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I need to prove that $\frac{1+\tan^2\theta}{1+\cot^2\theta}= \tan^2\theta.$ I know that $1+\tan^2\theta=\sec^2\theta$ and that $1+\cot^2\theta=\csc^2\theta$, making it now $$\frac{\sec^2\theta}{\csc^2\theta,}$$ but I don't know how to get it down to $ \tan^2\theta.$

HELP!!!!

I also need help proving that $\tan\theta + \cot\theta = \sec\theta\cdot\csc\theta.$

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    $\begingroup$ What are $\sec$ and $\csc$? That settles it quickly. $\endgroup$ – Daniel Fischer May 26 '14 at 21:11
  • $\begingroup$ Please see this MathJax Tutorial for correct formatting. $\endgroup$ – user88595 May 26 '14 at 21:12
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Know that: $\tan\theta=\dfrac{1}{\cot\theta}$. Therefore: $$\dfrac{(1+\tan^2\theta)}{(1+\cot^2\theta)}=\dfrac{(1+\tan^2\theta)}{\bigg(1+\dfrac{1}{\tan^2\theta}\bigg)}=\dfrac{(1+\tan^2\theta)}{\bigg(\dfrac{1+\tan^2\theta}{\tan^2\theta}\bigg)}=\tan^2\theta.$$

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$$\frac{1+\tan^2\theta}{1+\cot^2\theta}=\frac{\sec^2\theta}{\csc^2\theta}=\frac{\frac{1}{\cos^2\theta}}{\frac{1}{\sin^2\theta}}=\frac{\sin^2\theta}{\cos^2\theta}=\tan^2\theta$$

As for your second question that $\tan\theta+\cot\theta=\sec\theta\csc\theta,$ just use the fact that $\tan\theta=\frac{\sin\theta}{\cos\theta}$ and $\cot\theta=\frac{\cos\theta}{\sin\theta}$ to get $$\tan\theta+\cot\theta=\frac{\sin\theta}{\cos\theta}+\frac{\cos\theta}{\sin\theta}=\frac{\sin^2\theta+\cos^2\theta}{\sin\theta\cos\theta}=\frac{1}{\sin\theta}\cdot\frac{1}{\cos\theta}=\sec\theta\cdot\csc\theta$$

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Look at $\sin^2 \theta + \cos^2 \theta = 1$. Dividing by $\cos^2 \theta$ we get $\tan^2 \theta + 1 = \sec^2 \theta$. Try to find another relation by dividing by $\sin^2 \theta $ and see what appears.

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Draw a right triangle A and label the sides appropriately as OPP, ADJ, and HYP with angle $\theta$ opposite side OPP, and HYP opposite the right angle. Next generate similar triangle B by multiplying each side of triangle A by $\displaystyle\frac{HYP}{OPP\times ADJ }$.

Triangle B has a hypotenuse $\displaystyle HYP\cdot \frac{HYP}{OPP\times ADJ}=\frac{HYP}{OPP}\cdot\frac{HYP}{ADJ}=\csc\theta\sec\theta$.

Its opposite side is $\displaystyle OPP\cdot\frac{HYP}{OPP\times ADJ}=\frac{HYP}{ADJ}=\sec\theta$.

Its adjacent side is $\displaystyle ADJ\cdot\frac{HYP}{OPP\times ADJ}=\frac{HYP}{OPP}=\csc\theta$.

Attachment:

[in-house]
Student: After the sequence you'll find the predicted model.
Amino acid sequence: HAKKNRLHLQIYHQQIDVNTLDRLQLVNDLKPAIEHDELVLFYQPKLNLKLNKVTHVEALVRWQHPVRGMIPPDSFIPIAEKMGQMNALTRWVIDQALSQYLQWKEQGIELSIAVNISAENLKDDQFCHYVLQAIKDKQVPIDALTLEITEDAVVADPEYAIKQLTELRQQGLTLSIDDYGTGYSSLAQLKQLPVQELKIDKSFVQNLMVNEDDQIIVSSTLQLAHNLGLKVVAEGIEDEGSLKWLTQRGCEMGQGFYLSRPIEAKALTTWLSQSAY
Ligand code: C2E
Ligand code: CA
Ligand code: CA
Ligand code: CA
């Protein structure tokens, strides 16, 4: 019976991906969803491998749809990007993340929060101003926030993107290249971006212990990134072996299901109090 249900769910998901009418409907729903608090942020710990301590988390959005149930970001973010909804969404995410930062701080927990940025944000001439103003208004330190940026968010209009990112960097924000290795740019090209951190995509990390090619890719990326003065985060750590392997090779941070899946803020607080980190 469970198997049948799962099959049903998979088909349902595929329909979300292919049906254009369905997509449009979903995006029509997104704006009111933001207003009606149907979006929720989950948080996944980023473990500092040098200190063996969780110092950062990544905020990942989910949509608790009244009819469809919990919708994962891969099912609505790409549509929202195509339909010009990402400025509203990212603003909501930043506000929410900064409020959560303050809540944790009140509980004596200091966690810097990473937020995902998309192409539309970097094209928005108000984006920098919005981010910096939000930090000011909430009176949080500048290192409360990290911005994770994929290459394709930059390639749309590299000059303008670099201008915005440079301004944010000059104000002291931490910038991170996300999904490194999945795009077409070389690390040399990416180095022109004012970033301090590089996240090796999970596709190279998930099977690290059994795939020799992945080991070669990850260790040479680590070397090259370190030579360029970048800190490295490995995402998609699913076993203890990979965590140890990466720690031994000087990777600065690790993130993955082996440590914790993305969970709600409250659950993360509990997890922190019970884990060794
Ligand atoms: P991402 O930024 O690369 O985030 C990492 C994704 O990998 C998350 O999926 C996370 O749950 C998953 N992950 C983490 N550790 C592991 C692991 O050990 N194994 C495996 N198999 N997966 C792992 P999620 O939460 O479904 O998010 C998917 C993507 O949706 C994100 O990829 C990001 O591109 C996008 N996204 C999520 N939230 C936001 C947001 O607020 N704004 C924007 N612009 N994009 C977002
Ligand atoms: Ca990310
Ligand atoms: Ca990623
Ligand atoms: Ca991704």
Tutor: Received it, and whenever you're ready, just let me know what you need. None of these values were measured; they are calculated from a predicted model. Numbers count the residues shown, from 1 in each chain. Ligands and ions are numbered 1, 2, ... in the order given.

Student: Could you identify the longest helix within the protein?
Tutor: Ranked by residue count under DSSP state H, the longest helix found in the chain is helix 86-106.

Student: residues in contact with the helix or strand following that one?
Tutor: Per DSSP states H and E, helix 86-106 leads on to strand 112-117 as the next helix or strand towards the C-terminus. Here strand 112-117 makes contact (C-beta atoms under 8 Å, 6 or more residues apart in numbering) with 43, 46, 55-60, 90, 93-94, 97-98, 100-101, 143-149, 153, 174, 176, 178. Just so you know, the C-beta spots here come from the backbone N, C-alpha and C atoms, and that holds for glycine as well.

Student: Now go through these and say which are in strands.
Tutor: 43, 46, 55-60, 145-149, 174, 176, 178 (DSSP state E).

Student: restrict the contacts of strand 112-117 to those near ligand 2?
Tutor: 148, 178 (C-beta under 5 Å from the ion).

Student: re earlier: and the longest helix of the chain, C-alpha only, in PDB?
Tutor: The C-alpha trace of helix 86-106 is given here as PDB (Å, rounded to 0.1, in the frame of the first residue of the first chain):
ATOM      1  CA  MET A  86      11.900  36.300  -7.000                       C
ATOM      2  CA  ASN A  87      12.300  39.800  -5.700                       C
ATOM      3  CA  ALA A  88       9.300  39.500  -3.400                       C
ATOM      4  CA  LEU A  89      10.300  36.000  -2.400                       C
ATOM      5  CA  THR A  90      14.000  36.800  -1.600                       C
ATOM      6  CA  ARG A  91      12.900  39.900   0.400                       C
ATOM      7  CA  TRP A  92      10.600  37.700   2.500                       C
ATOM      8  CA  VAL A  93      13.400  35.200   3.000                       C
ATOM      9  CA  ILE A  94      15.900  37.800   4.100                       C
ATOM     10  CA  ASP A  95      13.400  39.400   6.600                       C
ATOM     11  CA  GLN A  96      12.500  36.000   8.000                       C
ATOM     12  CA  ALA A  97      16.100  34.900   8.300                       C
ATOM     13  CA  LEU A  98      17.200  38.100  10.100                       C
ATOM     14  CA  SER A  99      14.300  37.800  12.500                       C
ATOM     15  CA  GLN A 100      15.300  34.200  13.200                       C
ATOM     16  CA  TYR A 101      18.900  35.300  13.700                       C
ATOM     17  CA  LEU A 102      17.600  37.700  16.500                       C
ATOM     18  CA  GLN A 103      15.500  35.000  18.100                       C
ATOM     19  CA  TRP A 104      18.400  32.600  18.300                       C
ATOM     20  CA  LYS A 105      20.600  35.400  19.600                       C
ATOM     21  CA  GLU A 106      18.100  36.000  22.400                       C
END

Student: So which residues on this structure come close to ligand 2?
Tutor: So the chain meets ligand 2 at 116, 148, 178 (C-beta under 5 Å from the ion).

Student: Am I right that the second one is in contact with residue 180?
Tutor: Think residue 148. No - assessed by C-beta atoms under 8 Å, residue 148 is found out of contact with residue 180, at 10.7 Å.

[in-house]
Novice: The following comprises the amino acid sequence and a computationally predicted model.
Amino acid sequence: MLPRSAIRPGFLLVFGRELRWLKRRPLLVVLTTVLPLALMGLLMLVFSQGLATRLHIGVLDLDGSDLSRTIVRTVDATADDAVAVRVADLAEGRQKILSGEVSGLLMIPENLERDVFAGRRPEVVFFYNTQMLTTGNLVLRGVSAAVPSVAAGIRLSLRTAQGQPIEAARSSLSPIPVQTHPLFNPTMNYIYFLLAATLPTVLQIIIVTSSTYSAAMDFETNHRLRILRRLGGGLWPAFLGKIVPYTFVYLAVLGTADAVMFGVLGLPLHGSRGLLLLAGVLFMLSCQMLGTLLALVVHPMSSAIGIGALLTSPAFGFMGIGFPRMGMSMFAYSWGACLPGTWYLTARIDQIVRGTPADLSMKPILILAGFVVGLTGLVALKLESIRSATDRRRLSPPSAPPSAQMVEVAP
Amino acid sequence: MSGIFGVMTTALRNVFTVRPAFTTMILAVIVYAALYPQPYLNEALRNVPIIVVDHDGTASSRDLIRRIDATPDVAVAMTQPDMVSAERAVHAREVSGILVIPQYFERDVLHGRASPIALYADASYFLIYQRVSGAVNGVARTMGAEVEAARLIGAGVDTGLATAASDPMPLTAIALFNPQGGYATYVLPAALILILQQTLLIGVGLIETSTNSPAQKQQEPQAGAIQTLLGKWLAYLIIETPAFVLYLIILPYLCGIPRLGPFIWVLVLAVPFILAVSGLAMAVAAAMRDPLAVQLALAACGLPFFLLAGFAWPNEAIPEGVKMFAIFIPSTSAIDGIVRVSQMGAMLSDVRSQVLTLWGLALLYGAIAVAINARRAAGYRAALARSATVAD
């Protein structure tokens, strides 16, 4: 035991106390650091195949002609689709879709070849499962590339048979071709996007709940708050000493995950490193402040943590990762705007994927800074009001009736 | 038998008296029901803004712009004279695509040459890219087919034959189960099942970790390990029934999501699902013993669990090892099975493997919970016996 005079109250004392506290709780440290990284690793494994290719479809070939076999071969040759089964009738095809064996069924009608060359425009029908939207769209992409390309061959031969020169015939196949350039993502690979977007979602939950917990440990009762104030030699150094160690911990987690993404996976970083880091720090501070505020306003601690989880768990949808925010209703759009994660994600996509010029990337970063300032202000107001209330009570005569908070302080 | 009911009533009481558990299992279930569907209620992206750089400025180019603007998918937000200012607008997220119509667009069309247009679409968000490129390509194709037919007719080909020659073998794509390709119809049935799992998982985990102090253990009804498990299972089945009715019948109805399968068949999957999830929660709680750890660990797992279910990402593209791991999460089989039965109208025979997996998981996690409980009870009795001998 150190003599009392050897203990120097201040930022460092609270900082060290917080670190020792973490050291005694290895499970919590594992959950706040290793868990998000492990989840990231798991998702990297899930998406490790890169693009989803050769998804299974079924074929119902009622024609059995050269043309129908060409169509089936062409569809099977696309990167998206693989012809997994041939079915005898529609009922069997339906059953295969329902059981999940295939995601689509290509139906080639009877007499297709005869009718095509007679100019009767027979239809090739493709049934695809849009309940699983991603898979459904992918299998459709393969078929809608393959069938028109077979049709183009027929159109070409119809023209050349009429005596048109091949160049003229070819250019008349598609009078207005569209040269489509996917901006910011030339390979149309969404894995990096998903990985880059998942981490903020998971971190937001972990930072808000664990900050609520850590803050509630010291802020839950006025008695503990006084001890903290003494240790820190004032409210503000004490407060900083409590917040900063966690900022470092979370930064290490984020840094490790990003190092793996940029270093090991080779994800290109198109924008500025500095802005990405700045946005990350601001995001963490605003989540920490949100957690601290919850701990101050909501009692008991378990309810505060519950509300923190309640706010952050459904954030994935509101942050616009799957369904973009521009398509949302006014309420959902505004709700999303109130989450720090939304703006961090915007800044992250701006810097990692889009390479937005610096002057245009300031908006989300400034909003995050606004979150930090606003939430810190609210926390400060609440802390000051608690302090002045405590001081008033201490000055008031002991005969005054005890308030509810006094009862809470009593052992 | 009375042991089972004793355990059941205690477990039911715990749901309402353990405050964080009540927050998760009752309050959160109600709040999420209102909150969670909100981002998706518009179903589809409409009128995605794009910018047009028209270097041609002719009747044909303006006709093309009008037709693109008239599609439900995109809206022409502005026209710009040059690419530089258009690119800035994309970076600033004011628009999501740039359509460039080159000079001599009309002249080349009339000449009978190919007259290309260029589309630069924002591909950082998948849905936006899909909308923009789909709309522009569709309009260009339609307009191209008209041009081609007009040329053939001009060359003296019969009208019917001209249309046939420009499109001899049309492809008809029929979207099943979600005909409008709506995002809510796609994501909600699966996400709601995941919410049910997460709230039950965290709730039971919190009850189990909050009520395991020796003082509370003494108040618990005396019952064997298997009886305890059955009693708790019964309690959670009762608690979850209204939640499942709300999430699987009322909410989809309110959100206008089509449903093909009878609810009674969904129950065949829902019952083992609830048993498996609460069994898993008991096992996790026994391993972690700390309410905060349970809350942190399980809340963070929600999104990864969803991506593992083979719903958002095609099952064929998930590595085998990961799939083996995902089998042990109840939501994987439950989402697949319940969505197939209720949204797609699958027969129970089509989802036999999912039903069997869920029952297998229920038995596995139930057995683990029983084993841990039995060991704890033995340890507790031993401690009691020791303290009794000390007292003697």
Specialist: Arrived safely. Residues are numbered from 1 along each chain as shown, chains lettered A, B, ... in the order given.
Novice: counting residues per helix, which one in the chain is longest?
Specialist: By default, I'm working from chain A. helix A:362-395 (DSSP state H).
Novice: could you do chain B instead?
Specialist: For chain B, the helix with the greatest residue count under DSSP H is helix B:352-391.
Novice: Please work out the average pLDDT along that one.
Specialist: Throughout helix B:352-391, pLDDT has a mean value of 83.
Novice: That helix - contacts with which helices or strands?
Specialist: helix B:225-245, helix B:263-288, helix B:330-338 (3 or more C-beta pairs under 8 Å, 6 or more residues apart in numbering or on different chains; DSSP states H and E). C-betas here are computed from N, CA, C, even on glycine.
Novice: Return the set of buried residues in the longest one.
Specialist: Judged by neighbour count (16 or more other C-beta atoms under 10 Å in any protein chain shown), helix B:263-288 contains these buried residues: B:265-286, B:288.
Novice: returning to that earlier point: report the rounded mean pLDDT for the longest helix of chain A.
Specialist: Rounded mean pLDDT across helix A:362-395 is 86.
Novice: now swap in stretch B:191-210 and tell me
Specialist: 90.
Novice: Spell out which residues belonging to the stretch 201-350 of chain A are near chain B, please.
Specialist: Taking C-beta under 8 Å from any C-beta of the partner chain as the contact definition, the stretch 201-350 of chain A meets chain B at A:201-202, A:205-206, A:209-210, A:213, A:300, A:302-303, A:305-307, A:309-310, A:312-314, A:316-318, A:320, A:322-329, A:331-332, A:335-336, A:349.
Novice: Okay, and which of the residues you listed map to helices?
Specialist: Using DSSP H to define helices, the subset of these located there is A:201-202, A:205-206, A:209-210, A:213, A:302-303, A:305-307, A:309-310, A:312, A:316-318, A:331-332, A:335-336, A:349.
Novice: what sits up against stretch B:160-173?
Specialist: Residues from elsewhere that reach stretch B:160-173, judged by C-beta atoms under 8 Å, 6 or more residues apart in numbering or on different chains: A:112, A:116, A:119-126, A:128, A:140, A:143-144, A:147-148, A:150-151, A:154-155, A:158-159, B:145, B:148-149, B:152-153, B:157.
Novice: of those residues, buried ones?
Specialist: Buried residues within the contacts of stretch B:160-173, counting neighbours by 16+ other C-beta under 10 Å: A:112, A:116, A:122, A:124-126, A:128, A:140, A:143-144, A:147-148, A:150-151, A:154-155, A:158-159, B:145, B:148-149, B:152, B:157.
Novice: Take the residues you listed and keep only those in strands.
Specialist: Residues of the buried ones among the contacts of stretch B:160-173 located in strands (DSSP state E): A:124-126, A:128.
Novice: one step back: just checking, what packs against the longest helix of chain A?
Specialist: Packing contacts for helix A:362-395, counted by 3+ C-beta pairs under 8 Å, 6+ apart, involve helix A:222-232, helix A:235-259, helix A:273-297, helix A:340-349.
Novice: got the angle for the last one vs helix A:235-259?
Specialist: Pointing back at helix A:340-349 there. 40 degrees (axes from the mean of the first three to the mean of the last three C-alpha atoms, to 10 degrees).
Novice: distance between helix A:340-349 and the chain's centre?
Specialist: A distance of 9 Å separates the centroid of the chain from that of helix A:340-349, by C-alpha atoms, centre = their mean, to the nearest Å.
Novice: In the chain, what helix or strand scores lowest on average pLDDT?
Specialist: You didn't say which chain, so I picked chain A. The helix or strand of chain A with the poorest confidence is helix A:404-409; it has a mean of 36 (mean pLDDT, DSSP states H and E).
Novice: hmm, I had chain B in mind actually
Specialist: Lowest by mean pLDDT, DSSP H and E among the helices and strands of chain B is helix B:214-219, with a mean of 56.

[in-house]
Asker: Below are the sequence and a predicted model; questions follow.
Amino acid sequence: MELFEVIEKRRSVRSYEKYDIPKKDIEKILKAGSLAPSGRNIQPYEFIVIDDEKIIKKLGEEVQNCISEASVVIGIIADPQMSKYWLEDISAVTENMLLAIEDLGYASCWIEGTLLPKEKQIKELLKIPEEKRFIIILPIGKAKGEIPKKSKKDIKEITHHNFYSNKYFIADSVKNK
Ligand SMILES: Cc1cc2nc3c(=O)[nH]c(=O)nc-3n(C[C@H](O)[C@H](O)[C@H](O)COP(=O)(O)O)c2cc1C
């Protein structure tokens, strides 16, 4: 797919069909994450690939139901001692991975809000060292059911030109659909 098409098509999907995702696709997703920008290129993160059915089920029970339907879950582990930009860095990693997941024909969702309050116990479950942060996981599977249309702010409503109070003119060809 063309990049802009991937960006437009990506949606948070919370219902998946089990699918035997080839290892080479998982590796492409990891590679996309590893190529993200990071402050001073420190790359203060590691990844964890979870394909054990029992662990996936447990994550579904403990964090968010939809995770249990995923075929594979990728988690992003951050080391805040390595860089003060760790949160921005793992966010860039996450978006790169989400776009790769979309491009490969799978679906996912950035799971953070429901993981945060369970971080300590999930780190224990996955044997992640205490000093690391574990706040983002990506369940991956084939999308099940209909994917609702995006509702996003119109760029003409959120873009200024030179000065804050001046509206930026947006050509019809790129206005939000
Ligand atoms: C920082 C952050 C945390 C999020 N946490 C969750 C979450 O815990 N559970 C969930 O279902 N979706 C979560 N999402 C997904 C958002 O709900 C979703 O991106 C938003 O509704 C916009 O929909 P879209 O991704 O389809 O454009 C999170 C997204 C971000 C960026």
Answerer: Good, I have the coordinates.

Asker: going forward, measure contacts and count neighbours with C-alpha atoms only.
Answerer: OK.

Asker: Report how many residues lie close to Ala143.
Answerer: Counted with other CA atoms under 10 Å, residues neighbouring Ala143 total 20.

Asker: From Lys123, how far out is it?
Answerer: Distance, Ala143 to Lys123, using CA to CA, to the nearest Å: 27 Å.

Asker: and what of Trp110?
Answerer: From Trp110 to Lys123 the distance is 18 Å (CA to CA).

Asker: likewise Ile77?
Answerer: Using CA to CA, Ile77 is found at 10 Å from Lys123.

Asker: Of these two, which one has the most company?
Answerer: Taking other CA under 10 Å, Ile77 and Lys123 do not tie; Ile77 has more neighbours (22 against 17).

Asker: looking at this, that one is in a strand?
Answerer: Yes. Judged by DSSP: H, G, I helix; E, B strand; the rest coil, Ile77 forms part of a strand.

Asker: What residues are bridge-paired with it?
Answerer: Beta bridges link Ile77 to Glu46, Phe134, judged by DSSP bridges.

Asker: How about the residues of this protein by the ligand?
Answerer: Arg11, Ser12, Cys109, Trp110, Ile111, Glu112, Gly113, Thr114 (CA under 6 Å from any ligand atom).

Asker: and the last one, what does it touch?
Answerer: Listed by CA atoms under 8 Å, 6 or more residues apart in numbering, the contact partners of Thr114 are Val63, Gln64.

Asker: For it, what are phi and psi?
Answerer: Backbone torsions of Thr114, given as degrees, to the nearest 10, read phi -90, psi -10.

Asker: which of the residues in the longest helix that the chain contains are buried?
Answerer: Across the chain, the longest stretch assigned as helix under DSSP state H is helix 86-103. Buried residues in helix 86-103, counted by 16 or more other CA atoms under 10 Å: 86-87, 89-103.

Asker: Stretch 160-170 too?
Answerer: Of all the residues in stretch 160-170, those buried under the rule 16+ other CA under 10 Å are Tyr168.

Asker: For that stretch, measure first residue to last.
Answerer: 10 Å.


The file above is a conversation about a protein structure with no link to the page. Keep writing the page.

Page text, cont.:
This triangle is shown in the diagram below.

4th Pythagorean identity

From the definition of $\tan\theta$ we have

$$\color{green}{\tan\theta}=\frac{opposite}{adjacent}=\color{green}{\frac{\sec\theta}{\csc\theta}}$$

We also see that $$\sin\theta=\frac{opposite}{hypotenuse}=\frac{\sec\theta}{\sec\theta\csc\theta}=\frac{1}{\csc\theta}$$ And $$\cos\theta=\frac{adjacent}{hypotenuse}=\frac{\csc\theta}{\sec\theta\csc\theta}=\frac{1}{\sec\theta}$$ Additionally, using the Pythagorean theorem we have the following identity

$$\color{blue}{\csc^2\theta+\sec^2=\sec^2\theta\csc^2\theta}$$

Now, using these new tools your first problem becomes

$$\frac{1+\tan^2\theta}{1+\cot^2\theta}=\frac{\sec^2\theta}{\csc^2\theta}=\bigg(\color{green}{\frac{\sec\theta}{\csc\theta}}\bigg)^2=(\color{green}{\tan\theta})^2=\tan^2\theta$$ And your second problem becomes $$\begin{array}{lll} \tan\theta+\cot\theta&=&\frac{\sec\theta}{\csc\theta}+\frac{\csc\theta}{\sec\theta}\\ &=&\frac{\sec^2\theta}{\sec\theta\csc\theta}+\frac{\csc^2\theta}{\sec\theta\csc\theta}\\ &=&\frac{\color{blue}{\sec^2\theta+\csc^2\theta}}{\sec\theta\csc\theta}\\ &=&\frac{\color{blue}{\sec^2\theta\csc^2\theta}}{\sec\theta\csc\theta}\\ &=&\sec\theta\csc\theta \end{array}$$

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Note that $\tan\theta=\dfrac{\sin\theta}{\cos\theta}$, $\cot\theta=\dfrac{\cos\theta}{\sin\theta}$, and $\sin^2\theta+\cos^2\theta=1$. Hence $$ \dfrac{1+\tan^2\theta}{1+\cot^2\theta}=\dfrac{1+\dfrac{\sin^2\theta}{\cos^2\theta}}{1+\dfrac{\cos^2\theta}{\sin^2\theta}}=\left(\dfrac{\cos^2\theta+\sin^2\theta}{\sin^2\theta+\cos^2\theta}\right)\cdot\dfrac{\sin^2\theta}{\cos^2\theta}=\tan^2\theta. $$

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$$\large\frac{1+\tan^2\theta}{1+\cot^2\theta}$$

$$\implies\large \frac {\frac{cos^2\theta+sin^2\theta}{cos^2\theta}}{\frac{sin^2\theta+cos^2\theta}{sin^2\theta}}$$

$$\implies \large \frac {\frac{1}{cos^2\theta}}{\frac{1}{sin^2\theta}} \\$$

$$\implies \large \frac {sin^2\theta}{cos^2\theta} $$

$$\implies \large \tan^2\theta$$

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Here's another geometric proof for the case of acute angles. Construct a right triangle $\triangle ABC$, with base angle $\angle ACB= \theta$ and altitude $AD$ to the hypotenuse $AC$ of unit length.

enter image description here

From the definition of tangent and the similarity of the two right triangles formed by the altitude, we conclude that $|AD|=\tan\theta$ and $|CD|=\cot\theta$. The Pythagorean theorem then implies $|AB|=\sqrt{1+\tan^2\theta}$ and $|BC|=\sqrt{1+\cot^2\theta}$. Taking the tangent of $\theta$ for the whole right triangle then gives $$\tan\theta = \frac{|AB|}{|BC|}=\sqrt{\frac{1+\tan^2\theta}{1+\cot^2\theta}}$$ which squares to the desired identity.

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One other way among all these answers would be to remark that $$\tan^2 x(1+\text{cot}^2 x)=\tan^2 x\left(1+\frac{1}{\tan^2 x}\right)$$

You just have to develop the last expression and you'll directly have the result.

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$$\frac{1+\tan^2x}{1+\cot^2x}=\frac{1+\tan^2x}{1+\frac1{\tan^2x}}=\tan^2x.$$

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